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LONDON 2020

Review: Herself

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- Phyllida Lloyd's third feature is a convincing piece and an uplifting story of empowerment

Review: Herself
Clare Dunne (far left) in Herself

Phyllida Lloyd's third feature, Herself [+see also:
trailer
film profile
]
, was screened as part of the Love strand of this year's BFI London Film Festival (7-18 October). The movie, which world-premiered at Sundance earlier this year, follows the English helmer's first two features, the jukebox musical flick Mamma Mia! [+see also:
trailer
film profile
]
(2008) and the Margaret Thatcher biopic The Iron Lady [+see also:
film review
trailer
making of
film profile
]
(2011), starring Meryl Streep in the title role.

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The story of Herself, written by Malcolm Campbell (What Richard Did [+see also:
film review
trailer
film profile
]
) and Irish actress Clare Dunne (who also plays the film's lead character), revolves around the misfortunes of a young Dublin-based mum called Sandra (Dunne), who is struggling to provide her two young daughters, Molly (Molly McCann) and Emma (Ruby Rose O'Hara), with a safe, happy home after fleeing an abusive relationship with her ex-husband Gary (Ian Lloyd Anderson). A turning point in her devastated life seems to come when her employer Peggy (Harriet Walter), a retired doctor, gifts Sandra a plot of land in her garden and lends her some money to build her own house.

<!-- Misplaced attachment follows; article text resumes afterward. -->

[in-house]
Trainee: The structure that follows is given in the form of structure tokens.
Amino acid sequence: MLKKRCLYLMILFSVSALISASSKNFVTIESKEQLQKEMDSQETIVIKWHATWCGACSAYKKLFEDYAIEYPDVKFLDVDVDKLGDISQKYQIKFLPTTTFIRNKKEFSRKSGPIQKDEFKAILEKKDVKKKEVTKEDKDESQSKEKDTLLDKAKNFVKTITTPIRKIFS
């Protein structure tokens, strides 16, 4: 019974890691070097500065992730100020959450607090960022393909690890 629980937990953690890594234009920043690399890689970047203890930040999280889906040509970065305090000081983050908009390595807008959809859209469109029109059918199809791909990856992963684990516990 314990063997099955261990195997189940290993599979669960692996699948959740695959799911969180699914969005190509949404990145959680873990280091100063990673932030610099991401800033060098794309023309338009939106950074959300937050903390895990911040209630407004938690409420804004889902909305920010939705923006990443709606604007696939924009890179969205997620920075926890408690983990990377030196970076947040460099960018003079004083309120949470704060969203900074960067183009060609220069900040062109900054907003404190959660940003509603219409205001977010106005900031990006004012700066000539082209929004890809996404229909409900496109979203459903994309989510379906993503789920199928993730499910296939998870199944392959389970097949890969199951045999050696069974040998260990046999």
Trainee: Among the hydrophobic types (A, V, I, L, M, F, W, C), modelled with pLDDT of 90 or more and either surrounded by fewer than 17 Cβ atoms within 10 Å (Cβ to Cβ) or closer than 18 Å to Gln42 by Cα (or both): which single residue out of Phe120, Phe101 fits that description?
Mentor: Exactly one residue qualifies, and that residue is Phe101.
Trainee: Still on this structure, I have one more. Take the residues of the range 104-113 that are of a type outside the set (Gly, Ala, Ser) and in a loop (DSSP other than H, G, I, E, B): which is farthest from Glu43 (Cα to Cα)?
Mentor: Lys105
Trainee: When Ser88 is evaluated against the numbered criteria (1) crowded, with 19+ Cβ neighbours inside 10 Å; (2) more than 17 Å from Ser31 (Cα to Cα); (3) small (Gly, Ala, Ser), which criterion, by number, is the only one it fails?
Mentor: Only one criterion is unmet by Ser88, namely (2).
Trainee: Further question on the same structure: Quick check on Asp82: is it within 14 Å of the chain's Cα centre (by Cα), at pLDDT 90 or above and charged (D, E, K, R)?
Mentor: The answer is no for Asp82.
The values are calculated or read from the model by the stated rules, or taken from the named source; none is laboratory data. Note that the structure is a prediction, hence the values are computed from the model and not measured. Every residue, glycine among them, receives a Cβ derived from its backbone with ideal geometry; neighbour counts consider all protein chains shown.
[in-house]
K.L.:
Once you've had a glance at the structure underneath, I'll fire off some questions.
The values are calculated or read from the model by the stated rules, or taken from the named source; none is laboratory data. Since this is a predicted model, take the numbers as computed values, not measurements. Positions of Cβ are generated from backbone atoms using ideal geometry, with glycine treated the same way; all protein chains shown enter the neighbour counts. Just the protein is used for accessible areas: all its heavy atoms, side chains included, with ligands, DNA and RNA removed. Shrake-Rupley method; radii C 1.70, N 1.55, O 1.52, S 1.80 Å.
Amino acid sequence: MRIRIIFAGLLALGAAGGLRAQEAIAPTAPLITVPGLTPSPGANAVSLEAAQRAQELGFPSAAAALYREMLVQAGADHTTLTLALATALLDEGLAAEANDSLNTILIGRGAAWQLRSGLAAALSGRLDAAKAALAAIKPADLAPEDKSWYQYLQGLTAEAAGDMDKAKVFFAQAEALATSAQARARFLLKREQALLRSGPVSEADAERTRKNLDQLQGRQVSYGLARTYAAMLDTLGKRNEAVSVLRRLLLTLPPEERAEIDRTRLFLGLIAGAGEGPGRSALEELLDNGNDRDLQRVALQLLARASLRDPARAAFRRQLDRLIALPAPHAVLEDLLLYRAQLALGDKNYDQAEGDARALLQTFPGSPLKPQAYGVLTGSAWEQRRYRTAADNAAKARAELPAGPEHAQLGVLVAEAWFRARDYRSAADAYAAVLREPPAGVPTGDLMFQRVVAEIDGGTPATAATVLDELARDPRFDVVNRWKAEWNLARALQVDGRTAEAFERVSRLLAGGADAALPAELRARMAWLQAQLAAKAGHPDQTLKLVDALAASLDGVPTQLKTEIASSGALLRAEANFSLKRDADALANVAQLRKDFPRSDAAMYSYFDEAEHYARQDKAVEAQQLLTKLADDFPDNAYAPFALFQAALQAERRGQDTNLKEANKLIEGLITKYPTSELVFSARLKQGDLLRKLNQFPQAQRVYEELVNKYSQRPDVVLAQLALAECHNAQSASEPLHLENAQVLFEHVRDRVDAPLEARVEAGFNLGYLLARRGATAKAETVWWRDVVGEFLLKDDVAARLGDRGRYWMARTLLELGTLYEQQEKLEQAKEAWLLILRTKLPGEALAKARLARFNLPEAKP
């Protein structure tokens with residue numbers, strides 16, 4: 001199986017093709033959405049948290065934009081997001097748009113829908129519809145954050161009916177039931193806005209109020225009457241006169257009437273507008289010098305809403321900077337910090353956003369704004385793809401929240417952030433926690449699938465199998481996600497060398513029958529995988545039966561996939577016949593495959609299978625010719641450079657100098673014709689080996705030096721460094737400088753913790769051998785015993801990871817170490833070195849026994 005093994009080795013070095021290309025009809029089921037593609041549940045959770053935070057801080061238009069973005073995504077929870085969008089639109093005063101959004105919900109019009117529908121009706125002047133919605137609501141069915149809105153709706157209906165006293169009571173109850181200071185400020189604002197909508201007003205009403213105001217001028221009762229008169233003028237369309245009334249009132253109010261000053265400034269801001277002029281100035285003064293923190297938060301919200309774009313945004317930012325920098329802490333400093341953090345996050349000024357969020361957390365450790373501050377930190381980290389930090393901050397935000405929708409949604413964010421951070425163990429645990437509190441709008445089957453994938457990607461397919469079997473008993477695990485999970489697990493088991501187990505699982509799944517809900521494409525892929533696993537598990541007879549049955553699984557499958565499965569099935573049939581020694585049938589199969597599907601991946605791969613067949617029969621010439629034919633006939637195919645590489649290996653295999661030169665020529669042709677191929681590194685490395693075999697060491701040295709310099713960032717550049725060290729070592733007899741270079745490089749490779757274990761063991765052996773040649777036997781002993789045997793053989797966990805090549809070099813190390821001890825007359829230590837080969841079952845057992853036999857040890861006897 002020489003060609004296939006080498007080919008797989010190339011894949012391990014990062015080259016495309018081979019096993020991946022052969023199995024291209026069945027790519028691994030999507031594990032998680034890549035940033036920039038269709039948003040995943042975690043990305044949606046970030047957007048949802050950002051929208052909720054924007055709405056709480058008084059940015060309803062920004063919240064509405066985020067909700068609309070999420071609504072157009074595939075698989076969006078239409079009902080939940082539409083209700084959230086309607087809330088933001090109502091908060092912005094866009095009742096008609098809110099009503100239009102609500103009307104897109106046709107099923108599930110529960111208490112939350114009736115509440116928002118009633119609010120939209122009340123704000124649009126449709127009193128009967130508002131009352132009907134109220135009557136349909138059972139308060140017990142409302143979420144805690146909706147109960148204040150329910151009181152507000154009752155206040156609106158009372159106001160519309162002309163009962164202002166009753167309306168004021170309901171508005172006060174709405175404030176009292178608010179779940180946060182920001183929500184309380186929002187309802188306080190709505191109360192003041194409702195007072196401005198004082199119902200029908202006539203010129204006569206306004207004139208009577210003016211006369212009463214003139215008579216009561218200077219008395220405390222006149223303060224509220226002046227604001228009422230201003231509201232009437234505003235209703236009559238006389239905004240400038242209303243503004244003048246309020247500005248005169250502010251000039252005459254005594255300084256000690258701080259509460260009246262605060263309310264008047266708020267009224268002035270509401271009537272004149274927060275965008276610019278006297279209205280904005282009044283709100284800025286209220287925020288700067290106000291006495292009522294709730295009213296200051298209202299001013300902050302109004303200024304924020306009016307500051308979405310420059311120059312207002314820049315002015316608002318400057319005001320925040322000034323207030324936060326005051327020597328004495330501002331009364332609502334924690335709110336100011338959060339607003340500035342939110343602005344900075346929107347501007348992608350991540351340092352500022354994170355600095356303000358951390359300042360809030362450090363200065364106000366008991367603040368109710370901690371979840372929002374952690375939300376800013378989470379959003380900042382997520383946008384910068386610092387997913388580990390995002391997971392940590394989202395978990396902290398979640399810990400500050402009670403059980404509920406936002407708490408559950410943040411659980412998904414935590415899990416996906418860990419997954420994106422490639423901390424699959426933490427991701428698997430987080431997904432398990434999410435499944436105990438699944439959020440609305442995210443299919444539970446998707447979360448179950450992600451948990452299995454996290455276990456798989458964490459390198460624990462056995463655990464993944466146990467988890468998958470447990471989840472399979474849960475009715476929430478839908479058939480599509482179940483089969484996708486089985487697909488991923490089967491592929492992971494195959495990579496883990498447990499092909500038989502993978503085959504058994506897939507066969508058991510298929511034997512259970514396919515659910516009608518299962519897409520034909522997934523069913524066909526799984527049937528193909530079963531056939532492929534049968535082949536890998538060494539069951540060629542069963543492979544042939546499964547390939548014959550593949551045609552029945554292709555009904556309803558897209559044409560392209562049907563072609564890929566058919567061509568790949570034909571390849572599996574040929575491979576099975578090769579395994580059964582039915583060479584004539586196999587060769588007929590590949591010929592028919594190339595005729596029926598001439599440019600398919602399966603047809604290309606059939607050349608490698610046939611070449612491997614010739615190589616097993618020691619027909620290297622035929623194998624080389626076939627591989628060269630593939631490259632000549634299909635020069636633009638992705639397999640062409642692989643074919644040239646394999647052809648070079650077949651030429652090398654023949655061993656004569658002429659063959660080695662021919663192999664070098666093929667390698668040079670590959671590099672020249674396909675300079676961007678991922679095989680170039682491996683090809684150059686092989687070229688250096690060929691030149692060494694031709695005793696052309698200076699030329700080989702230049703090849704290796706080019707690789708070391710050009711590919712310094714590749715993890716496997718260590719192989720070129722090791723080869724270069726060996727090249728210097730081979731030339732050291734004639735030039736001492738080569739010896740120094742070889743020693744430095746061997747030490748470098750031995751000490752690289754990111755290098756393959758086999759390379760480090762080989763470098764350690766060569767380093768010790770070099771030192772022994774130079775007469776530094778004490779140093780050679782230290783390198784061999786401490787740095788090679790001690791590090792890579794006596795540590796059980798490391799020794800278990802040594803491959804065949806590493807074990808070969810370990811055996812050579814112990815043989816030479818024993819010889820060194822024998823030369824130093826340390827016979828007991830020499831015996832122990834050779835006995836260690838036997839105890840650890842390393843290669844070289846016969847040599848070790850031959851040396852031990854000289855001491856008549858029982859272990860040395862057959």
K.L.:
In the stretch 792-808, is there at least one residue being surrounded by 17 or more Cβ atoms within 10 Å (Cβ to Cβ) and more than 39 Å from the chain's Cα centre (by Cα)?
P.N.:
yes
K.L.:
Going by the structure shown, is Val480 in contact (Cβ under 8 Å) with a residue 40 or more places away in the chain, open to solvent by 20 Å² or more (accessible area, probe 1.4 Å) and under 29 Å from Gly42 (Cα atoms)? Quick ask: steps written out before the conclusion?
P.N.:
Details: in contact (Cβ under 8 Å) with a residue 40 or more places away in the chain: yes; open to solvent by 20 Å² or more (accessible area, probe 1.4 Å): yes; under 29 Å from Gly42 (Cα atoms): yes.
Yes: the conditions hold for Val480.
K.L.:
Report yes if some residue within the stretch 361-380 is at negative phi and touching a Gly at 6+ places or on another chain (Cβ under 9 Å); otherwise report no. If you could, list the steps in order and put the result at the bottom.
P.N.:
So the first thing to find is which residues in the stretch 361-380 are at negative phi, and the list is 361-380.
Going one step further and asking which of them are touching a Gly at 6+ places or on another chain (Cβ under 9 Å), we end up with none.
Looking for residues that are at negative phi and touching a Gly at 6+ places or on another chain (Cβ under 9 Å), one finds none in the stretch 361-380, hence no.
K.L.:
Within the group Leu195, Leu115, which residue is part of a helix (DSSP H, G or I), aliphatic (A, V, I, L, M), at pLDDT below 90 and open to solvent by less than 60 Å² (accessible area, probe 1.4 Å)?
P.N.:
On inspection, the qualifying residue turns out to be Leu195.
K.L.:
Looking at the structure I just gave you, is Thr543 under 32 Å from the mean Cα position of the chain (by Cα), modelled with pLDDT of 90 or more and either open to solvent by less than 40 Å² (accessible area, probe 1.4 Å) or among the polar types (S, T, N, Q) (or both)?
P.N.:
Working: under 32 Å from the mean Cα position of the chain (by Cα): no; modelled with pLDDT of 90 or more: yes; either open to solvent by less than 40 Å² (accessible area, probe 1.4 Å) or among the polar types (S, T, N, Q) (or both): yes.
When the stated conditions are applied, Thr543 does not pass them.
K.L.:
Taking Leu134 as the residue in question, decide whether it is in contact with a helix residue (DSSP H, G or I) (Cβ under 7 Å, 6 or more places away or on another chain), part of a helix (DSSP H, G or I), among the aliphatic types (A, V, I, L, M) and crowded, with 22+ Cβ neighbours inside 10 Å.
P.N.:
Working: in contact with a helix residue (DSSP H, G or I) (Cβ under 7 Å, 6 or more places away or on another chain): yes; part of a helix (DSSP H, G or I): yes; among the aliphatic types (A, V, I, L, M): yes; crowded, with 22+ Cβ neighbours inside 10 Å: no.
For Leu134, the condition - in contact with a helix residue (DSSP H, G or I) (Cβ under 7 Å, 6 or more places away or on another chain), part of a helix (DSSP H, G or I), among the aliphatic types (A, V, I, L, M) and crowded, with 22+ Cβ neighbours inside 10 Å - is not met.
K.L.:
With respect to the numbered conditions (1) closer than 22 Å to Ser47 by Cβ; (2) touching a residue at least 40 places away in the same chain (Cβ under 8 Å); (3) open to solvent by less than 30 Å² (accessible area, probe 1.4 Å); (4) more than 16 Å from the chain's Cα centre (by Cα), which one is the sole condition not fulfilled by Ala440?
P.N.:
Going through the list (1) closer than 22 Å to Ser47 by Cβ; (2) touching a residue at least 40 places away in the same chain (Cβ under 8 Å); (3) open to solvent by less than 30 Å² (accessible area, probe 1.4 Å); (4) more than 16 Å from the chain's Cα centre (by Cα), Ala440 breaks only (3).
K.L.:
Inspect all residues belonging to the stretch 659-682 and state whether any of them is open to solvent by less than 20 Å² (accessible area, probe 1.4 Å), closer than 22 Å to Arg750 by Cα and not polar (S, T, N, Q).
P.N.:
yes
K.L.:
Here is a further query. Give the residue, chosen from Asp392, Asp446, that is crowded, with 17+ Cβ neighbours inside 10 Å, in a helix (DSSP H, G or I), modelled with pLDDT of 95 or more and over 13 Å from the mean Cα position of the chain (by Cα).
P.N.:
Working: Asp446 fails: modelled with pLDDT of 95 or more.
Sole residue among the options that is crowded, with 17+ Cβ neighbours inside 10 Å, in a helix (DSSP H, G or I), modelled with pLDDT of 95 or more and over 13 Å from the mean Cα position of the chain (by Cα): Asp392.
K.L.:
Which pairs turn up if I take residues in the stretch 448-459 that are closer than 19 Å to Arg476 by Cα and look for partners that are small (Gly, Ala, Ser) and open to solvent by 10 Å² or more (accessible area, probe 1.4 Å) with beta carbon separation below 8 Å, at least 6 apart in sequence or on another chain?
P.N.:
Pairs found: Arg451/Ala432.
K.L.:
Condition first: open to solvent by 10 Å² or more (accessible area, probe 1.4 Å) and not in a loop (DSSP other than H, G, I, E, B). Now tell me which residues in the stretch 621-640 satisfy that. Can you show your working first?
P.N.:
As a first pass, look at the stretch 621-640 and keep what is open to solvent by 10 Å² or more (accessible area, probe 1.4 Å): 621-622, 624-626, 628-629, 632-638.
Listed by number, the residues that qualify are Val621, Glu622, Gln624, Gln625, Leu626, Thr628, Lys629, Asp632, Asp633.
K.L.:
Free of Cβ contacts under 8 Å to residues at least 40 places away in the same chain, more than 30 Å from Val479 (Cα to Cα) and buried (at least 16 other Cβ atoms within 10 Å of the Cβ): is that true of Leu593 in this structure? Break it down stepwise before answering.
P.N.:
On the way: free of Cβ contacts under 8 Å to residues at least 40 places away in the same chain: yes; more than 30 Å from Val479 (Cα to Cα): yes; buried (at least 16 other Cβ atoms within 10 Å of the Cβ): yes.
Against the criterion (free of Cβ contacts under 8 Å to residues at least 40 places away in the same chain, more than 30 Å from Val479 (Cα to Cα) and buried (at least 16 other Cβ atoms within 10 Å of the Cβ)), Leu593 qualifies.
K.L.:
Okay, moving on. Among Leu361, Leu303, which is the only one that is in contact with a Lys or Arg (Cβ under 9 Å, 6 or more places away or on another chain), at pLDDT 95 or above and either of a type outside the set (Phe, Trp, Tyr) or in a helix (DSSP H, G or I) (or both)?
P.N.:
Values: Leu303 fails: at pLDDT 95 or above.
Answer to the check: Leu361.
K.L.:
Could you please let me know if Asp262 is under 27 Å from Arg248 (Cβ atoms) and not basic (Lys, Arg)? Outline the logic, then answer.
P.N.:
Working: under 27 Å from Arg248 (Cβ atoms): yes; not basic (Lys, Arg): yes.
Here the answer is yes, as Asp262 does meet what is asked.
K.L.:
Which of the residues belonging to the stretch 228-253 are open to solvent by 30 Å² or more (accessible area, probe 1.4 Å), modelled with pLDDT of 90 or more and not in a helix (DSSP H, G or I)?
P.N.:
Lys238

The drama opens with a casual, jolly conversation between Sandra and her two daughters, followed by a short feel-good scene that sees the trio dancing and singing while Sia's hit “Chandelier” plays on the radio. The idyll is interrupted by the arrival of Gary, who turns off the radio and firmly asks the two children to go outside. When the couple remains (presumably) alone, Gary brutally beats his wife, with unimaginable violence. One of her two daughters, however, has previously been warned by her mother and, instead of staying in the back garden, runs to a nearby shop to seek help. This marks the end of a rather engaging prologue, and we come to understand that Sandra is now in temporary accommodation with Emma and Molly, and Gary is authorised to see them only once a week.

The film tells the uplifting story of a woman who tries her best to protect herself and her family. Besides a few, rare moments of joy, the brutality of the prologue sets the tone for the whole piece. Overall, Herself favours realism, and its narrative possesses very little sugar-coating.

Dunne delivers an excellent performance, and her character is surely tailor-made for her. She manages to portray a resilient woman who is nevertheless not immune to remorse or doubts about her troubled life, her relationship with the people she loves and her failed marriage. The supporting cast does a fair job, too, and Walter and Anderson stand out from the crowd. The former plays a sort of compassionate, energetic “guardian angel”, while the latter shows the typical ambiguity of a violent man who has many unresolved conflicts with himself and his family.

The only sour note is perhaps the addition of David Guetta and Sia's “Titanium” while Sandra and her friends are making progress on the construction of her house. The song seems out of place and, even though the lyrics may hint at Sandra's willpower and self-confidence, it seems to be an overexplanatory choice (at best) and does not blend in well with the visuals or the tone of the story.

In summary, Lloyd's piece is convincing and gripping. The themes chosen are pressing and represent an urgent wake-up call, highlighting toxic patriarchy, the hardship of single motherhood and the endless housing crisis affecting the country.

Herself was produced by Ed Guiney and Rory Gilmartin for Ireland’s Element Pictures, together with Sharon Horgan and Clelia Mountford for British outfit Merman. The film was scheduled for theatrical release on 18 October, but this has been pushed back following an announcement made last week.

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